Maple Leafs 5, Canadiens 4
Saturday, January 30, 1971
Forum de Montréal, Montréal, QC
The Toronto Maple Leafs’ 5-4 win over the Montréal Canadiens Saturday night strengthened coach John McLellan’s belief that the final National Hockey League standing will show Toronto third and Montréal fourth in the Eastern Division.
If Montréal had won, McLellan would have needed to consider conceding third to the Canadiens. But the surprising Leaf show left them only six points behind the Canadiens, who lost to Chicago, 4-1, last night.
“It was a really big win for us, because they would have led us by 10 points if we lost,” he said. “This way, they’re within sight.”
The Leafs responded to the importance of the game with their best effort since beating Los Angeles 8-1 on January 18. The Canadiens provided a considerably sterner test than the Kings. They had been defeated in the Forum only four times this season.
Paul Henderson assisted on two goals by Norm Ullman, which provided a 2-1 lead, set up another by linemate Ron Ellis, and scored Toronto’s fourth. Dave Keon shook goaltender Phil Myre, who replaced Rogatien Vachon for the third period, for what proved to be the winner.
Peter Mahovlich proivded Montréal a 1-0 lead that lasted 58 seconds in the first period until Ullman scored his first. Jean Béliveau beat Jacques Plante to tie the score 2-2, and Frank Mahovlich later killed a 3-2 Toronto lead.
Jacques Lemaire shot Montréal’s final goal after Toronto led 5-3.
The Canadiens failed to tie the game in spite of frantic efforts in the final 62 seconds, when Myre was removed for an extra forward.
The Canadiens lost Serge Savard, their premier defenceman, with an injured leg when he was dumped by Bob Baun in the first period. It was a routine Baun move, in which he swivelled his hips into position to launch Savard. Afterward, Savard and Baun traded elbows and stick and play continued momentarily until Jim Harrison was penalized for kneeing Henri Richard. Then Savard was helped to the dressing room.
“I didn’t even know he was gone,” said Montréal coach Al McNeil. “Not until the next time I wanted him on the ice, and he wasn’t on the bench.”
Savard was taken to Montréal General Hospital, where it was learned he had suffered a fracture of the lower left leg.
Savard, 25, suffered a multiple fracture of the same leg last season and did not return to the Canadiens until November 7 of this season.
“I thought Baun turned the game around with that check,” said McLellan. “It was an innocent enough check, but afterward the Canadiens took two penalties trying to nail him.”
Phil Roberto left the Canadiens two minutes short for slashing at Baun, and John Ferguson tried giving Baun his well-known elbow treatment.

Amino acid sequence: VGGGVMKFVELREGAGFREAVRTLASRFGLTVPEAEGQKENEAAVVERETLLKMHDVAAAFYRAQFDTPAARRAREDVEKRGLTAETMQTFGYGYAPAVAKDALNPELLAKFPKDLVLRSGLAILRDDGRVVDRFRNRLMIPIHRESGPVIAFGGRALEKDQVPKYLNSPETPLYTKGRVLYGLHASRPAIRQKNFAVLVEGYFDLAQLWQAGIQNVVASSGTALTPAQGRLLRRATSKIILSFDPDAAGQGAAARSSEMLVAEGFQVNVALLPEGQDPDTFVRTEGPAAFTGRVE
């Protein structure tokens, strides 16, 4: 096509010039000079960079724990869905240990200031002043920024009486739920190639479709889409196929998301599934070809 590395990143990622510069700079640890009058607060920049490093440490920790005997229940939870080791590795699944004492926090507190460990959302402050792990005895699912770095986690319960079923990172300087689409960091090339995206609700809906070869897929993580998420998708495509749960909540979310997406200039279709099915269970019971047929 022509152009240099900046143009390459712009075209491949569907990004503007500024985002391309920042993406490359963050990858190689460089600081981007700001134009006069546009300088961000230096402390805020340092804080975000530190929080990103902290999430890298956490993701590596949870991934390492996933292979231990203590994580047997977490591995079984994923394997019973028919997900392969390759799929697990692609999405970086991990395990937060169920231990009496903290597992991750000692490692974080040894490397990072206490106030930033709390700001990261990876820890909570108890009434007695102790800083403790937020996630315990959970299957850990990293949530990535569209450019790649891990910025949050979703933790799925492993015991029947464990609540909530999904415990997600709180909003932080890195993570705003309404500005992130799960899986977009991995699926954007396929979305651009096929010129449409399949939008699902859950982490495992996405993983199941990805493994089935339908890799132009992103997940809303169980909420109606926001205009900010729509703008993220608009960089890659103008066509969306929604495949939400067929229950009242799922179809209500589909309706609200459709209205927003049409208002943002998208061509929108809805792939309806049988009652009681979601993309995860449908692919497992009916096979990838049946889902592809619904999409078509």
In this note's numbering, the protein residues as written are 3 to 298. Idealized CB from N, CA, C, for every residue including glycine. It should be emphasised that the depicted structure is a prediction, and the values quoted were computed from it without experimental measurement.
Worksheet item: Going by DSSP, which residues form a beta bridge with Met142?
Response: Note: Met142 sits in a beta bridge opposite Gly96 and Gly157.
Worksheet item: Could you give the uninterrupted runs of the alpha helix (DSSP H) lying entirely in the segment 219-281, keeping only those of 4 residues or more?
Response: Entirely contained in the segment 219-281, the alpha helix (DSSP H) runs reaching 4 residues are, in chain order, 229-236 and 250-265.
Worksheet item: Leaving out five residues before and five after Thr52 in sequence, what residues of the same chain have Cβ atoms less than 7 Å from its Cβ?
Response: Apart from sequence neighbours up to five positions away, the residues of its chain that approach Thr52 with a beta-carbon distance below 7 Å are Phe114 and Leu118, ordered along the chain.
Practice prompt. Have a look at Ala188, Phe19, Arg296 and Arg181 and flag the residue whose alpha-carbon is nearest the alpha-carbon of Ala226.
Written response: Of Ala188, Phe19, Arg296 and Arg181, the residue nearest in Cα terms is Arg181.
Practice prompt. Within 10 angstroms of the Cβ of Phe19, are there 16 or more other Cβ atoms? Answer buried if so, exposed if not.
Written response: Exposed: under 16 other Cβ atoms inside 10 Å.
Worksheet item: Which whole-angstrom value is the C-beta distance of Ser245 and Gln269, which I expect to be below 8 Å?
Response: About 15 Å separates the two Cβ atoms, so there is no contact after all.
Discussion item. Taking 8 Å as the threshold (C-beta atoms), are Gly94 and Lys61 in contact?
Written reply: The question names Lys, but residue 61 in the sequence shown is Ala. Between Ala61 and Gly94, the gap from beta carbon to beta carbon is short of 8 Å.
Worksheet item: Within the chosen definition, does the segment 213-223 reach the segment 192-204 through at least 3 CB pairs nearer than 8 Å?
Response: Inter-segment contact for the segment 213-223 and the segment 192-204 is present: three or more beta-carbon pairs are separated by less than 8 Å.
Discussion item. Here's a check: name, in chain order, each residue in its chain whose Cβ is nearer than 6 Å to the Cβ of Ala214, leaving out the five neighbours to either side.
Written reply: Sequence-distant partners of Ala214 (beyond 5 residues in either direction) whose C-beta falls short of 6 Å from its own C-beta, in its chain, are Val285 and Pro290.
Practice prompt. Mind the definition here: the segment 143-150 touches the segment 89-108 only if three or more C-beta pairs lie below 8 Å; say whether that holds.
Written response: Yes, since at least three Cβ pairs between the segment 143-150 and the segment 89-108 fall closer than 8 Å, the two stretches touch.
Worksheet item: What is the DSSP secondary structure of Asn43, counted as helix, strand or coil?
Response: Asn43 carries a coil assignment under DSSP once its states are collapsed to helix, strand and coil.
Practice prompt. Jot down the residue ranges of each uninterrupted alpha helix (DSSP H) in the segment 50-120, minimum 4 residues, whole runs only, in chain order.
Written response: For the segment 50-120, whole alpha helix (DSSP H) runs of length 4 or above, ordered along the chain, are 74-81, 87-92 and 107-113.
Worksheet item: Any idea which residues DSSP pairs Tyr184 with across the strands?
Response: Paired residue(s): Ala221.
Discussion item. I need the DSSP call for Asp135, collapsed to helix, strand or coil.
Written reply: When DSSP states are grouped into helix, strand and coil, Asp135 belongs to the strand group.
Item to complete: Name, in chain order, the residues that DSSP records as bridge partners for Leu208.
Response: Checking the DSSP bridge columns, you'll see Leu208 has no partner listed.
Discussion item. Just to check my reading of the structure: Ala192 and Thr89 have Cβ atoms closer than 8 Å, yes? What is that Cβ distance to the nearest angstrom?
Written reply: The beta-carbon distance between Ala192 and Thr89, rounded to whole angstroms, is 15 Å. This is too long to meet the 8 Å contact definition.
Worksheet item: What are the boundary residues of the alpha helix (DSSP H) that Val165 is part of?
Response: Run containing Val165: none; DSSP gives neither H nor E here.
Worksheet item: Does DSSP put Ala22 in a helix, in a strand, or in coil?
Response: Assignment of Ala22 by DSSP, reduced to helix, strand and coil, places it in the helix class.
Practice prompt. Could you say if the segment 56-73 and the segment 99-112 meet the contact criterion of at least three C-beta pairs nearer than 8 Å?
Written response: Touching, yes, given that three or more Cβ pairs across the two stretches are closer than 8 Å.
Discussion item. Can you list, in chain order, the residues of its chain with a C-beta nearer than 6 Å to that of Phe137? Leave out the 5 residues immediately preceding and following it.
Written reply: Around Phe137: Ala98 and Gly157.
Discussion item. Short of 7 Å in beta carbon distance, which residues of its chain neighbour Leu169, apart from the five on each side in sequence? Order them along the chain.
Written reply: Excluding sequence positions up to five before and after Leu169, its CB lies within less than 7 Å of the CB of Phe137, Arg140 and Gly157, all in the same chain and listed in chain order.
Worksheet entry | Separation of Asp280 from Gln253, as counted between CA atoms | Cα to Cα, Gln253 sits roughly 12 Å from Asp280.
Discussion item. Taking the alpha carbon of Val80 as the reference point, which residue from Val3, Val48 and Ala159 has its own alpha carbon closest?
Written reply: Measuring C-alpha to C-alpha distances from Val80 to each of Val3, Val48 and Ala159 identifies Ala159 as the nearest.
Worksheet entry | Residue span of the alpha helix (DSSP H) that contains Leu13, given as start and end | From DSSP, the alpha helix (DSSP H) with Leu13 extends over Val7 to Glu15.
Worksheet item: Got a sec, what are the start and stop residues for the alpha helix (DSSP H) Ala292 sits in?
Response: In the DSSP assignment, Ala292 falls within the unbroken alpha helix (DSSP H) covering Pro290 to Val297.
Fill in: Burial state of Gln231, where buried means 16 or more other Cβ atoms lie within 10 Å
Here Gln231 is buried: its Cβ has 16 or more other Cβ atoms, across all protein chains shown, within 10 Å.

The result of the second-period penalties, three to Montréal and one to Toronto, was that the Leafs outshot the Canadiens 11-3. The game total favoured Toronto 29-20.
Whether the game was good or bad depended on which team you asked. As for the Forum crowd, 17,909, the vocal indication was strongly pro-Toronto. Visiting Leaf fans dominated, with chants of “Go Leafs Go!”
Myre remembered Keon’s fooling him last season with an identical fake-to-the-backhand, shoot-with-the-forehand move that succeeded for the winning goal. Myre thought there were too many bad goals for the game to be considered good.
“Not for people who know their hockey,” said Myre. “But the people like to see lots of red lights, I guess.
“One of these times I am going to learn about that Keon. He got me going and then he put it through my legs.”
McNeil said his team hadn’t played well. He pulled Vachon because “he wasn’t moving as good as I’ve seen Rogie moving.”
“We didn’t forecheck them enough. We gave them too many chances. Of course, one reason a team doesn’t play well is because of the other team, eh?”
Garry Monahan played alertly, putting Keon in the clear for the fifth goal and moving crisply throughout the game.
The Canadiens responded to the loss yesterday by recalling centre Bobby Sheehan from the Montréal Voyageurs.
Story originally published in The Globe & Mail, February 1, 1971
TOR PEN – 05:00 – Monahan, fighting major
MTL PEN – 05:00 – Roberto, fighting major
MTL GOAL – 08:47 – P. Mahovlich (F. Mahovlich)
TOR GOAL – 09:45 – Ullman (Ellis, Henderson)
TOR PEN – 13:12 – Harrison, kneeing
MTL PEN – 14:19 – Lapointe, elbowing
TOR PP GOAL – 16:15 – Ullman (Henderson)
MTL GOAL – 19:09 – Béliveau (Cournoyer)
TOR GOAL – 01:38 – Ellis (Henderson)
MTL PEN – 02:59 – Roberto, slashing
MTL PEN – 08:15 – Ferguson, elbowing
MTL PEN – 10:46 – P. Mahovlich, holding
MTL GOAL – 15:57 – F. Mahovlich (Lapointe, Roberto)
TOR PEN – 16:42 – McKenny, holding
MTL PEN – 02:15 – Ferguson, charging
TOR PP GOAL – 03:19 – Henderson (Pelyk)
MTL PEN – 04:08 – P. Mahovlich, high sticking
TOR GOAL – 10:34 – Keon (Monahan, Baun)
MTL GOAL – 11:06 – Lemaire (Tremblay)
TOR PEN – 12:10 – Dorey, hooking
TOR – Plante (W, 16-20)
MTL – Vachon (16-19), Myre (L, 8-10)
SHOTS ON GOAL
TOR – 8+11+10 = 29
MTL – 11+3+6 = 20
TOR – Goaltenders: Bruce Gamble, Jacques Plante. Defence: Bobby Baun, Jim Dorey, Rick Ley, Jim McKenny, Mike Pelyk. Forwards: George Armstrong, Ron Ellis, Jim Harrison, Paul Henderson, Dave Keon (C), Billy MacMillan, Garry Monahan, Brian Spencer, Guy Trottier, Norm Ullman.
MTL – Goaltenders: Phil Myre, Rogatien Vachon. Defence: Terry Harper, Jacques Laperrière, Guy Lapointe, Serge Savard, J.C. Tremblay. Forwards: Jean Béliveau (C), Yvan Cournoyer, John Ferguson, Réjean Houle, Jacques Lemaire, Frank Mahovlich, Peter Mahovlich, Henri Richard, Phil Roberto, Léon Rochefort, Marc Tardif.